One of the first steps in building a culture of engagement is to hire the right person and keep hiring the right people, over and over and over again.
Rarely mentioned in this obviously key step is the process.
When will you know it’s time to hire another person? Many readers will roll their eyes and say:
Well, it’s obvious. Because...[X or Y] where X and Y is their favorite reason or metric.
How do you find the right people to interview? Some readers might say:
Put an ad in the paper or LinkedIn. Look at the unemployment rate.
What questions do we ask these candidates? A few readers might turn to trick questions. Google’s famous or infamous for its trick questions. A few may have HR departments skilled in traditional interview techniques.
How do you prepare for their arrival?
We’ll figure it out, maybe give ‘em Jimmie’s desk in the closet!Jimmie shouts Yeah, buddy!
But, too many companies take this approach and the collective result is that the starry-eyed A-Player joins the 70% of their colleagues, disengaged, eyes glazed over, zombies repeating tasks and answers in a monotone voice.
Let’s revisit those questions with an eye towards recognizing and including your in-house hiring experts: your employees.
When will you know it’s time to hire another person?
Listen to your employees. Better yet, ask them the question explicitly.
How do you find the right people to interview?
See above. They are motivated to find the right person to hire, quickly. That new hire will have a significant and direct impact on the quality of their day.
Worried about them hiring their friend? Don’t be. Indicator Number 10 on Gallup’s Q12 survey of employee engagement levels is this:
I have a best friend at work? T/F
Based on the average employee engagement figures for US companies, I'd guess that only 30% or less of US employees would answer yes. That's what friendship is about: not recruiting your best friend to be a zombie, like you.
What questions should you ask?
Everyone has blind spots. One good way to look around our own blind corners is to ask others what they see. The current way, excluding employees, is like driving around our own blind corners in the night with no headlights and ask for a raise if we don’t hit someone.
Is this expensive, time-consuming?
Compared to what?
Dr. Brad Smart author of Topgrading: How Leading Companies Win by Hiring, Keeping and Coaching the Best Players and The Smart Interviewer: Tools and Techniques for Hiring the Best reports that...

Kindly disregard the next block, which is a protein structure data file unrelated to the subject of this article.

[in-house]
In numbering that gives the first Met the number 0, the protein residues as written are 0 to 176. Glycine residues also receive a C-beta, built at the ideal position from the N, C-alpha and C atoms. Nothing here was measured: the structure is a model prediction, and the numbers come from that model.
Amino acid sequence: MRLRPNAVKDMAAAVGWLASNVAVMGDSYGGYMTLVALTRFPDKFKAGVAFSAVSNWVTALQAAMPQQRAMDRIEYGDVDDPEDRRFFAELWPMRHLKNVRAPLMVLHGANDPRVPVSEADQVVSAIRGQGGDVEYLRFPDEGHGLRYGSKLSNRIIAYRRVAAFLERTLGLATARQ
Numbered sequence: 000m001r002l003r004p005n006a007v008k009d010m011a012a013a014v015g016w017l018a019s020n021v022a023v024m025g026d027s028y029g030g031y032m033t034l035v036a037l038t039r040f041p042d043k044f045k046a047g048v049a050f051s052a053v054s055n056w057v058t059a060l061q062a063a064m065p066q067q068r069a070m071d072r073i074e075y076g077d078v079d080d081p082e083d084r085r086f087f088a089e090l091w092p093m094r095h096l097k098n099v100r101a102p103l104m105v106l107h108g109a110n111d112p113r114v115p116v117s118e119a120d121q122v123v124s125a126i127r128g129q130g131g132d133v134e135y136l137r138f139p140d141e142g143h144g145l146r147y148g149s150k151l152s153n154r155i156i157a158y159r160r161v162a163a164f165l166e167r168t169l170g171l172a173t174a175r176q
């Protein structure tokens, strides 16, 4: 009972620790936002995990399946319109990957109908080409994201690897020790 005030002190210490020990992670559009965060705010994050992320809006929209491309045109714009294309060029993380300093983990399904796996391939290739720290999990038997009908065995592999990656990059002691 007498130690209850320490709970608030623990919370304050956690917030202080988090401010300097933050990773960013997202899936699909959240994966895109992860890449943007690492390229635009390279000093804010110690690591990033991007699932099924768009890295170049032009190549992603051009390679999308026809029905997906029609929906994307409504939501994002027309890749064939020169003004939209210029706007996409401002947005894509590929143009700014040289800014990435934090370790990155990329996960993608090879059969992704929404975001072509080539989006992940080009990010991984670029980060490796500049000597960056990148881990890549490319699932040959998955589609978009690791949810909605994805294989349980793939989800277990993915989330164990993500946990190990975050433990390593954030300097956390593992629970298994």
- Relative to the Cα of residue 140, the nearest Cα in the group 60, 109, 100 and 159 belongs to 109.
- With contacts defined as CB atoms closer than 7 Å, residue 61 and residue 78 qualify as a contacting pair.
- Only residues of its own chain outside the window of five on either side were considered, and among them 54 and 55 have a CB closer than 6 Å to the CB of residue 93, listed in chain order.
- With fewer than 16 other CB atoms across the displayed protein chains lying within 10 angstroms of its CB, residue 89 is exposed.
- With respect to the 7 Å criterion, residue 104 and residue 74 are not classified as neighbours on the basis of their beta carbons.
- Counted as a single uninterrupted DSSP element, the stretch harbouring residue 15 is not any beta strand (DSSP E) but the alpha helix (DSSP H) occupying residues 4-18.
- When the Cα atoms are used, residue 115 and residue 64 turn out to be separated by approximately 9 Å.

Based on our studies, the average cost of a mis-hire can be six times the base salary for a sales rep, 15 times base salary for a manager, and as much as 27 times base salary for an executive.
Is that more expensive, more time-consuming, than asking your in-house recruiters to spend four to five hours to assess someone they will be expected to train, support and mentor while also doing their own jobs?
The key word after employee is engage. I didn’t say relinquish authority or ignore budgets.
Criteria need to be set and communicated. Decisions need to be made. Personnel need accountability.
However, in this process, where you engage their talents and insights and motivations in finding the best person to help reach their goals those topics will be addressed.
Two Excellent Resources:
These are two resources I used with 100% success - hiring 3 great people while not hiring a great person but one who was not a good cultural fit.
Of these two, I prefer The Smart Interviewer. It outlines the very extensive, very useful, CIDS or Chronological In-Depth Structured interview. I've used it successfully four times: 3 great hires and 1 bad hire avoided.
WARNING: Shameless Self-Promotion
My book, The Engaged Hiring Process: A Simple Plan to Help You Hire the Best, offers a more complete plan to not only hire the best but engage your employees in that process. The result is you welcome your newest A-Player into your culture of rapidly growing levels of engagement.